Philippine president says ‘separation’ does not mean cutting ties with U.S.
  • Thursday, January 17, 2019
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Philippine president says ‘separation’ does not mean cutting ties with U.S.


    Philippine President Rodrigo Duterte delivers a speech during the Philippines-China Trade and Investment Forum at the Great Hall of the People in Beijing Thursday.


MANILA >> Philippine President Rodrigo Duterte said he did not mean he would cut off ties with the United States when he said in China that he was separating from the U.S., adding it’s in his country’s best interest to stay with America.

Despite the clarification, the tough-talking president kept up on his tirades against the U.S., saying in a late-night speech in his southern hometown of Davao city that he would never travel to America “in this lifetime.”

At an economic forum Thursday in Beijing, where he made a state visit, Duterte declared “my separation from the United States … both in military and economics also.” His pronouncement was met with applause, but Duterte did not explain what he exactly intended to do and when.

Duterte, however, said in an arrival speech in Davao that he was not severing ties with his country’s treaty ally that is home to a large number of Filipino expatriates.

“When you say severance of ties, you cut the diplomatic relations. I cannot do that. Why? It’s to the best interest of my country that we maintain that relationship,” Duterte said, adding that Filipinos were not ready to embrace such an option.

What he meant by his remarks in China, Duterte said, was ending a Philippine foreign policy that closely leaned toward the U.S.

Ahead of his China visit, Duterte made a series of pronouncements to curb Philippine security engagements with the U.S., including the removal of American counterterrorism forces in the country’s south and his opposition to planned joint patrols with the U.S. Navy in the South China Sea. He also wanted to stop annual joint combat exercises the Philippines hosted alongside the U.S. military that China opposes.

Duterte has said he did not want to embroil the Philippines in an unwinnable war with China, which could instead be tapped as a major trading partner and source of development funds.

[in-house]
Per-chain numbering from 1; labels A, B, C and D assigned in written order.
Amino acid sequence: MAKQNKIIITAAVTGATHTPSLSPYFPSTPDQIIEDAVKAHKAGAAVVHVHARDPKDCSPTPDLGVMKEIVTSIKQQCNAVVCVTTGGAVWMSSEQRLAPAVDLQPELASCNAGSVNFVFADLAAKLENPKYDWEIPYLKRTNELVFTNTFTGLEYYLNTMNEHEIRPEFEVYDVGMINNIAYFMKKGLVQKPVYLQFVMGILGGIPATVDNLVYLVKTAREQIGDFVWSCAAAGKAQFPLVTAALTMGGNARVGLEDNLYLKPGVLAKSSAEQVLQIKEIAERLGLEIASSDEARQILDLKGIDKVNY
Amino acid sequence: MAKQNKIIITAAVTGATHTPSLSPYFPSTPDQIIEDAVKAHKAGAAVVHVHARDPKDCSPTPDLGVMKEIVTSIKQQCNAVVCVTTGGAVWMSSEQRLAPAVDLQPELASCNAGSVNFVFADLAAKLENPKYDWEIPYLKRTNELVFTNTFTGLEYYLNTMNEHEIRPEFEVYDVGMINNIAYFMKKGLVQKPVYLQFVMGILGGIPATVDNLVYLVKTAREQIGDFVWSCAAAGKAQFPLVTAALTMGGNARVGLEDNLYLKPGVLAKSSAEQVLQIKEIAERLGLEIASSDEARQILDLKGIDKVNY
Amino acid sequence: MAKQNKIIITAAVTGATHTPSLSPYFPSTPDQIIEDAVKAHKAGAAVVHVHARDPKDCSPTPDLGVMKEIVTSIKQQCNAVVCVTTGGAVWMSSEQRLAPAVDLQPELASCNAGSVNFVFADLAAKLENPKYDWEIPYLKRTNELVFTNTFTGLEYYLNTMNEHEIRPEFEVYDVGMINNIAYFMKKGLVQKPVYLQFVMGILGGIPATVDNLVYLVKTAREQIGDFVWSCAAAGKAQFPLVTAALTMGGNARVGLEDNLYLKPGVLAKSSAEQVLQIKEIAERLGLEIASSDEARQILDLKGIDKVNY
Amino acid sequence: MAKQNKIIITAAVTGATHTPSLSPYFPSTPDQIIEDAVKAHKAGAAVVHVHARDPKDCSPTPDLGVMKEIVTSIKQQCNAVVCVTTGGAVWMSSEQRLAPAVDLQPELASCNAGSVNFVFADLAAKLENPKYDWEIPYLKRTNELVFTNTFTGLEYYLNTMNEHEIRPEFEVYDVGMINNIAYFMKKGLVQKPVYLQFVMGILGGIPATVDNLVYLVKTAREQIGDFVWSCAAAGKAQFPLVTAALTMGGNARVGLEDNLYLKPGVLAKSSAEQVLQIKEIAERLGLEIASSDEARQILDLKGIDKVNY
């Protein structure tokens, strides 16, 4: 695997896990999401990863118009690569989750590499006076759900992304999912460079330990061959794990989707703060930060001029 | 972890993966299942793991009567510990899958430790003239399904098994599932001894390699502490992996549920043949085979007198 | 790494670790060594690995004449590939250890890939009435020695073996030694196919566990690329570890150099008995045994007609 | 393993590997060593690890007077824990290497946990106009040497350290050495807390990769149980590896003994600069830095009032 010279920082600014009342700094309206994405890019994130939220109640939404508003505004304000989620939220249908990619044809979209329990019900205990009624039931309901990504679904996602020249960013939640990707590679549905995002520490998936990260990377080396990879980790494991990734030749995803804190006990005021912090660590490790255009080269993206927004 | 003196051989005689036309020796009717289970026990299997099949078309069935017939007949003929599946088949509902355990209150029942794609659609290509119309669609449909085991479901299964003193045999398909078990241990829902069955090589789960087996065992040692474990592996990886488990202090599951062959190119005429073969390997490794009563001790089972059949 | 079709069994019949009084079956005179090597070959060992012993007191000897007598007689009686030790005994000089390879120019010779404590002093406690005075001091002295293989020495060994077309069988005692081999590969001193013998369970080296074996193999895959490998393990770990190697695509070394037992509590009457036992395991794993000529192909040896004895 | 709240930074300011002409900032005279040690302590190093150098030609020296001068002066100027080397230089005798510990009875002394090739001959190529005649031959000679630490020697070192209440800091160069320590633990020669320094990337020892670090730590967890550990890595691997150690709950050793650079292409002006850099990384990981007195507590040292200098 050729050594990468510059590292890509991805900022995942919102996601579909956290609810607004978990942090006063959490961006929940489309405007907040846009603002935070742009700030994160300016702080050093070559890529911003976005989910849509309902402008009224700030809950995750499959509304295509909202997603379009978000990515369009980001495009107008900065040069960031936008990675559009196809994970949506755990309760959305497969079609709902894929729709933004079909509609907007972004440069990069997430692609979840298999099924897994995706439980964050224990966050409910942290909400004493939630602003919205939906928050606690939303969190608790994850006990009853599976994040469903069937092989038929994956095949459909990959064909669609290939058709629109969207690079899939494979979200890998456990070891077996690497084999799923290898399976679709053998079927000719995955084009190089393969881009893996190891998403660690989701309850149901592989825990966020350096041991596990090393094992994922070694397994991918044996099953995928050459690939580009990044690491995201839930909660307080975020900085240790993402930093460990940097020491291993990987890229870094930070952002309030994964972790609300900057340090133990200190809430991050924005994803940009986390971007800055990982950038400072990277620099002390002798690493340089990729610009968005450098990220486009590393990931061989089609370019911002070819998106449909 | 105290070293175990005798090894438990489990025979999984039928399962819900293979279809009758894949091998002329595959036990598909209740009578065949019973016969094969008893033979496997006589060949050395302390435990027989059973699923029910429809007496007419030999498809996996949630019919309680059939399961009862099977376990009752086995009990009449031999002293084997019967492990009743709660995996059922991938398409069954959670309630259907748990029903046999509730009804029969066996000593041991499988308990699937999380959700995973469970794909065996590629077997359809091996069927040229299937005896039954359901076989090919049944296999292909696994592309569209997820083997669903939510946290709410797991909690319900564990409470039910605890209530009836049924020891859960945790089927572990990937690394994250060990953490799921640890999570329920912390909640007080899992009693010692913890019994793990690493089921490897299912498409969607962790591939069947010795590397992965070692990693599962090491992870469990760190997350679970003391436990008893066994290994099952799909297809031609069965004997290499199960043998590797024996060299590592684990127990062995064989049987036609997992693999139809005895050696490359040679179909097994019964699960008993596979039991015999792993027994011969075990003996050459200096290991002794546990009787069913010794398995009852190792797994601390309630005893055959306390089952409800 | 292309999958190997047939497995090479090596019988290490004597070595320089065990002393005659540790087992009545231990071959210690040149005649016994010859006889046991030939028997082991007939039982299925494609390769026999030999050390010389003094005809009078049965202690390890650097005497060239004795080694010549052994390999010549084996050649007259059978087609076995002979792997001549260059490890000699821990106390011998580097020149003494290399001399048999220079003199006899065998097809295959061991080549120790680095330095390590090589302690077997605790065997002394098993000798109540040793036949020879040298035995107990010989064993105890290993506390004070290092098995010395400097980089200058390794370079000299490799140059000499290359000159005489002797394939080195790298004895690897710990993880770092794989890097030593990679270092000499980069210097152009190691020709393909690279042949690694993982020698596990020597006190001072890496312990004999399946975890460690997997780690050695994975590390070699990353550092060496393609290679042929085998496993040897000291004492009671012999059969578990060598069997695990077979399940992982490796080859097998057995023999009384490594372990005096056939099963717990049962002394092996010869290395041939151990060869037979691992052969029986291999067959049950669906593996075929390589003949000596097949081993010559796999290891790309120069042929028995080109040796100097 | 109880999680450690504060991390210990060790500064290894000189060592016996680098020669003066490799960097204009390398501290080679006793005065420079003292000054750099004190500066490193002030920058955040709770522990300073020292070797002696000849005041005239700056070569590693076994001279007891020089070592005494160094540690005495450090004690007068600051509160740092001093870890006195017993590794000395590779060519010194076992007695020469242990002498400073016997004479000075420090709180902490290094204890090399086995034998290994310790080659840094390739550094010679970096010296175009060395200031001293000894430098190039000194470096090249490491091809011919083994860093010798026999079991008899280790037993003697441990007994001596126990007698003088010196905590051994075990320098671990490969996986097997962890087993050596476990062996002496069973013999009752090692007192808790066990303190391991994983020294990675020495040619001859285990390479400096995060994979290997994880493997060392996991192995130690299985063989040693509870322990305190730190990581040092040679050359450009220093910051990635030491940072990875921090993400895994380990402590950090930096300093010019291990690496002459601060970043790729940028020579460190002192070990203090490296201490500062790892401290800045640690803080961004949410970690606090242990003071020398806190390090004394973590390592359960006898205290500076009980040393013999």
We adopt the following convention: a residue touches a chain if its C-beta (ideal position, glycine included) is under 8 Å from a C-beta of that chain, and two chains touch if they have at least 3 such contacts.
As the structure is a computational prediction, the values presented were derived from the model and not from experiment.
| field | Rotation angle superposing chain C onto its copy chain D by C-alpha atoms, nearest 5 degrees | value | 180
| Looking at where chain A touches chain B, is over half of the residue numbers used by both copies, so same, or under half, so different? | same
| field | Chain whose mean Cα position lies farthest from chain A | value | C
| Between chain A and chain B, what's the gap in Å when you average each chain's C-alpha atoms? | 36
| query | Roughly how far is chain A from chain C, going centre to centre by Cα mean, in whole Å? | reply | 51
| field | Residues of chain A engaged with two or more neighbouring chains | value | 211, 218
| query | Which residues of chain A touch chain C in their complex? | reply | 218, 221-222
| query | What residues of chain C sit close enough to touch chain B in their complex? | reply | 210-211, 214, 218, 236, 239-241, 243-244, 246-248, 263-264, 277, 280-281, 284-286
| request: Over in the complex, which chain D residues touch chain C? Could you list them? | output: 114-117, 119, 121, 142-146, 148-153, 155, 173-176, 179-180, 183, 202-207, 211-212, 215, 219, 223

U.S. officials said they have not received any formal Philippine notice of Duterte’s pronouncements, adding the alliance benefits both countries and should continue to blossom.

However, White House spokesman Josh Earnest said today there had been “too many troubling public statements” by Duterte in recent months leading to uncertainty about his intent. He said that the top U.S. diplomat for East Asia would discuss that uncertainty when he travels to the Philippines this weekend.

U.S.-Philippine ties also got attention on the U.S. presidential campaign trail Friday. Republican candidate Donald Trump told a rally in North Carolina that the Philippine shift toward closer relations with China after decades of a pro-U.S. foreign policy showed that “America has grown weak.”

He said that the Philippines is a “very important strategic ally” and China and Russia “are probably going to take it.”

Duterte’s reaching out to China, which has been locked in longstanding territorial disputes with the Philippines in the South China Sea, and his severe criticisms of the U.S. has come under fire at home.

Former Philippine Foreign Secretary Albert del Rosario, who brought the triumphant arbitration case against China over the disputes, said Duterte’s shift from Washington to Beijing should be regarded “a national tragedy.”

“The declared shift in foreign policy, casting aside a long-time reliable ally to hastily embrace an aggressive neighbor that vehemently rejects international law, is both unwise and incomprehensible,” del Rosario said in a statement.